Wednesday, December 23, 2009
In line with an increasing consensus among the appellate courts, the Third Circuit found in Smith v. City of Allentown (3rd Cir 12/22/2009), that the Supreme Court's controversial Gross decision does not eliminate the McDonnell Douglas framework in Age Discrimination in Employment Act (ADEA) cases.
Ross Runkel has more:
Smith sued the employer for age discrimination in violation of the Age Discrimination in Employment Act (ADEA) and for violation of his First Amendment political affiliation rights. The trial court granted the employer's motion for summary judgment. The 3rd Circuit affirmed.
The court recognized that Gross v. FBL Financial Services, 129 SCt 2343 (2009), expressed significant doubt about any burden-shifting under the ADEA. The court concluded that the but-for causation standard required by Gross did not conflict with the court's continued application of the McDonnell Douglas paradigm in age discrimination cases. (In accord: 2nd and 6th Circuits). The court evaluated Smith's age discrimination claim under the but-for causation standard pursuant to McDonnell Douglas to see whether he produced sufficient evidence to establish that the employer's proffered rationale of inadequate job performance for his discharge was a pretext for age-based discrimination. The court concluded Smith failed to carry that burden.
Sounds right to me under current law, but I am still hoping that Congress sends the Gross decision the way of Ledbetter, Wards Cove, etc.
This is disappointing. As reported by the Blog of the Legal Times:
The State Department filed its motion to dismiss a case challenging the U.S. Foreign Service's mandatory retirement policy, arguing the age cutoff was a valid piece of Congressional decision making.
Elizabeth Colton, a 64-year-old Foreign Services officer, sued the State Department in September alleging she had been denied an overseas assignment because of her age. Her suit, filed at the U.S. District Court for the District of Columbia, claimed the Foreign Service's requirement that officers retire at 65 violated the Constitution's equal protection clause. Colton also alleged the government violated the Age Discrimination in Employment Act by denying her career opportunities before she turned 65.
The government shot back yesterday, arguing that Colton was trying to upend long-settled law. The U.S. Court of Appeals for the D.C. Circuit has already found that the retirement policy at issue, which is contained in the Foreign Services Act, was was exempt from the ADEA, the government said. It added that the Supreme Court has also ruled that the age cutoff does not violate equal protection.
"Congress viewed the mandatory retirement provision as critical to maintaining the highest level of performance by 'the corps of public servants who hold positions critical to our foreign relations,'" the government's filing states.
Of course, you could make the generalization about older people losing ability in any job after 65, I know many robust and energetic 70-somethings and many 50-somethings who are no longer capable of the "highest levels of performance." Isn't the ADEA suppose to cut against these types of stereotypes, Congress?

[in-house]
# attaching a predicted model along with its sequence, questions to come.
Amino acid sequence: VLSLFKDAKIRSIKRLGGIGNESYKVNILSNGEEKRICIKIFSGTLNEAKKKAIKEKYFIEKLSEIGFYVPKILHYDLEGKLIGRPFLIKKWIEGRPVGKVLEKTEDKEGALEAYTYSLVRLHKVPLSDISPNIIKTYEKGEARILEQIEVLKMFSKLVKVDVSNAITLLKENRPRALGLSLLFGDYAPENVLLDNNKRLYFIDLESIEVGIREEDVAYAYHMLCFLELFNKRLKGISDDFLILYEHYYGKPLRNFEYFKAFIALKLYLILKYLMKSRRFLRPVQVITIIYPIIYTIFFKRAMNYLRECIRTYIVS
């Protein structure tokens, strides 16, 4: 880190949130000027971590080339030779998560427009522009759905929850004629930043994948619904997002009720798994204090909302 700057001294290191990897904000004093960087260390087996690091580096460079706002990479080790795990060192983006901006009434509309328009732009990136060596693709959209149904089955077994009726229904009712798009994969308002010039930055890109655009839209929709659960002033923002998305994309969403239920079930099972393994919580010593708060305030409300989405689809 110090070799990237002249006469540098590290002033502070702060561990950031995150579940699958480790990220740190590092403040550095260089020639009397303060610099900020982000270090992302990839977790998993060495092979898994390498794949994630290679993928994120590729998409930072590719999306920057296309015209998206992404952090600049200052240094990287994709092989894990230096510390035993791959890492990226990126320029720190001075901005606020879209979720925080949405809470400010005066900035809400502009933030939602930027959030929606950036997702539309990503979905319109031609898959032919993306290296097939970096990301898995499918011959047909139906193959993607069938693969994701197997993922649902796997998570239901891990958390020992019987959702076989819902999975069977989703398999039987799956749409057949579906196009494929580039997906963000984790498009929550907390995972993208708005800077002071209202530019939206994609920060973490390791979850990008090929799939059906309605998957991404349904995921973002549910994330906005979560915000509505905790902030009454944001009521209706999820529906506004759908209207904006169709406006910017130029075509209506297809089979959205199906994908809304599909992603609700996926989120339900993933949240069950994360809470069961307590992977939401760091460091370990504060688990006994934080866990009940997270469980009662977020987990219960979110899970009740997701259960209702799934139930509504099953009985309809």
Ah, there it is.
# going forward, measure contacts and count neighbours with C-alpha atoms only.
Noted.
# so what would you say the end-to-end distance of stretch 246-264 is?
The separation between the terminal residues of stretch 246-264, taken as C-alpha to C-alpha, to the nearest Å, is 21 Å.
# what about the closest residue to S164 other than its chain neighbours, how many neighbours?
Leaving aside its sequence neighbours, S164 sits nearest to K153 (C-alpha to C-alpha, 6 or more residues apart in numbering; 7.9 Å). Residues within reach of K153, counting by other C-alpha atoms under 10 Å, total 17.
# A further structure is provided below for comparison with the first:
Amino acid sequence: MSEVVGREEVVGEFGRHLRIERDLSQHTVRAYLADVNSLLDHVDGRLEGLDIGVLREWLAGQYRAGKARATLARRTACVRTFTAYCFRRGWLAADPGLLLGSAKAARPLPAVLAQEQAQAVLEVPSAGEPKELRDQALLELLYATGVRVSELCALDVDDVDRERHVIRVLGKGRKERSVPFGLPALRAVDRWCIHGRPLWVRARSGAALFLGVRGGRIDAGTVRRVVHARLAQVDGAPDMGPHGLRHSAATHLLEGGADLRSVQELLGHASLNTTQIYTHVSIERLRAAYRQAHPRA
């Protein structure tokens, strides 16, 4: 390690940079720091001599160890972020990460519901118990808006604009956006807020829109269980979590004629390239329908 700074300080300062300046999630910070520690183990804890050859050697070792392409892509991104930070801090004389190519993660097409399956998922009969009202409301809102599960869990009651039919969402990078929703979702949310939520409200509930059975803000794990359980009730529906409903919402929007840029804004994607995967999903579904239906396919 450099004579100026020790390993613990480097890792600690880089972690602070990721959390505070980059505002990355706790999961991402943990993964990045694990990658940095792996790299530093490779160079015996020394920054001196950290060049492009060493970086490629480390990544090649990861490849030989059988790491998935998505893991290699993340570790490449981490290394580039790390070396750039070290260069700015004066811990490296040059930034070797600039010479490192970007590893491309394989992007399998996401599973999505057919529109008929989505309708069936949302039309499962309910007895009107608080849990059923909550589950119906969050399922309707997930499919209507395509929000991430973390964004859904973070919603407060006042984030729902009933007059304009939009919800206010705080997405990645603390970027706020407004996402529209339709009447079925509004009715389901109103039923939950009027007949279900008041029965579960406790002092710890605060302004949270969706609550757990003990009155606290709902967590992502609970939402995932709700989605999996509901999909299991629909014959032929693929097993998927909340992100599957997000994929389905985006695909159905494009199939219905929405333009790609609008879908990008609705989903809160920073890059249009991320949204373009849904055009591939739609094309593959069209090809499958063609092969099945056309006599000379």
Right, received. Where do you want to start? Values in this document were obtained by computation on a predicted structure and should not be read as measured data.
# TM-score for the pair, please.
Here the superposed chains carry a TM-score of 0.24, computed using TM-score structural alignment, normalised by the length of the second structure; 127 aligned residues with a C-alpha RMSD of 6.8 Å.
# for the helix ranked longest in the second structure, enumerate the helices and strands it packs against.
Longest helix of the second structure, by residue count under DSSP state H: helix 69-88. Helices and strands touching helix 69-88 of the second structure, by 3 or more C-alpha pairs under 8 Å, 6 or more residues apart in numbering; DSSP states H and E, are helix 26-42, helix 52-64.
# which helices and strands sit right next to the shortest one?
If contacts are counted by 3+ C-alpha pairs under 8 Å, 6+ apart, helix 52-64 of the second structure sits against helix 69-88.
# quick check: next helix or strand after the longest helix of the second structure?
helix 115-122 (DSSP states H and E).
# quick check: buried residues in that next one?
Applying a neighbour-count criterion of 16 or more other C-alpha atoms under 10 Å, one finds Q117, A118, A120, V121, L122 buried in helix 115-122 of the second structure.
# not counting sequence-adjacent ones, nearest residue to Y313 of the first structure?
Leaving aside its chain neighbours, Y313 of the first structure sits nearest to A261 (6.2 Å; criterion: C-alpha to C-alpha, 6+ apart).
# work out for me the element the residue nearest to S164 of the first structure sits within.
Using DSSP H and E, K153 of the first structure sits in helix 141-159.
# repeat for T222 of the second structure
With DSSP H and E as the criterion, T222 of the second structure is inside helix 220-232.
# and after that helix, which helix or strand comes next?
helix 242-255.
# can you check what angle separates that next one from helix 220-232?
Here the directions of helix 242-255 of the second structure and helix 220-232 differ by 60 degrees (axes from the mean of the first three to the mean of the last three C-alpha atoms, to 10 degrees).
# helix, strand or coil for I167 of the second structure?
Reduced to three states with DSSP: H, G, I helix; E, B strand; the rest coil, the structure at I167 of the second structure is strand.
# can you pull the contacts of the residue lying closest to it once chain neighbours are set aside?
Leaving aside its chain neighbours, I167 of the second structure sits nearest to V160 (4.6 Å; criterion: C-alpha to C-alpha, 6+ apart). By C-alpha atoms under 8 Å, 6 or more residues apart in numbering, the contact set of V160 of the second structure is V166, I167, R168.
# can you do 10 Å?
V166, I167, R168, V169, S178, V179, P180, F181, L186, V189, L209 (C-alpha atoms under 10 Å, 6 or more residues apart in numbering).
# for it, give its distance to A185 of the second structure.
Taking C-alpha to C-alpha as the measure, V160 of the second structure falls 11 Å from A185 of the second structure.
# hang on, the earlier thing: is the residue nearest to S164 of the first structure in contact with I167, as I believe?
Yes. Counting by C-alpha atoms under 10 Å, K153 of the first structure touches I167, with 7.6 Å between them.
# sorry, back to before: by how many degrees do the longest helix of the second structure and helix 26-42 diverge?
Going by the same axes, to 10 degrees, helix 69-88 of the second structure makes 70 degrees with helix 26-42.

Tuesday, December 22, 2009
The score is now 5-1 in favor of the NLRB's authority to issue two-member decisions. Although not a lock by any means, those numbers are certainly helpful to the Board when the issue goes before the Supreme Court. In the latest case, Teamster Local 525 v. NLRB, the Tenth Circuit held that the NLRA gives the Board authority to issue two-member decisions. It's reasoning was similar to the Second Circuit's, in that both relied on Chevron deference to reach their decision.
As I've noted, whether Chevron applies to the NLRB's interpretation of Sec. 3(b) a giving authority to to-member decisions is far from clear. However, this does give the NLRB another argument to defend its decisions. But, I'd bet that the Supreme Court doesn't use this argument; it's worked hard for a long time to avoid spelling out whether Chevron applies to less formal agency actions, especially those that go to procedural or jurisdictional matters as opposed to those at the heart of the agency's power: here, the NLRB's interpretation of the NLRA's substantive provisions like Secs. 8 & 9).
Hat Tip: Patrick Kavanagh
More good news (or less bad news perhaps) on the jobs front. Following last months dip in unemployment, the Department of Labor's Bureau of Labor Statistics has released data showing that the hiring of temp workers increased last month by 52,000. That's better than any other category of workers. It's also likely a good sign for future unemployment rates, as companies will often hire temp workers when business initially picks up and then, if business stays good, ultimately hire permanent workers. Watch for future months to see if the temp hiring stays strong (and numbers of hours worked by all employees)--if they do, expect good news on the unemployment front to follow.
Update (12/23): Inside Higher Ed reports on another Garcetti and higher ed case. This time, the court alarmingly applies Garcetti. This decision is in line with the AAUP recent warning that judges are eroding faculty rights at public colleges.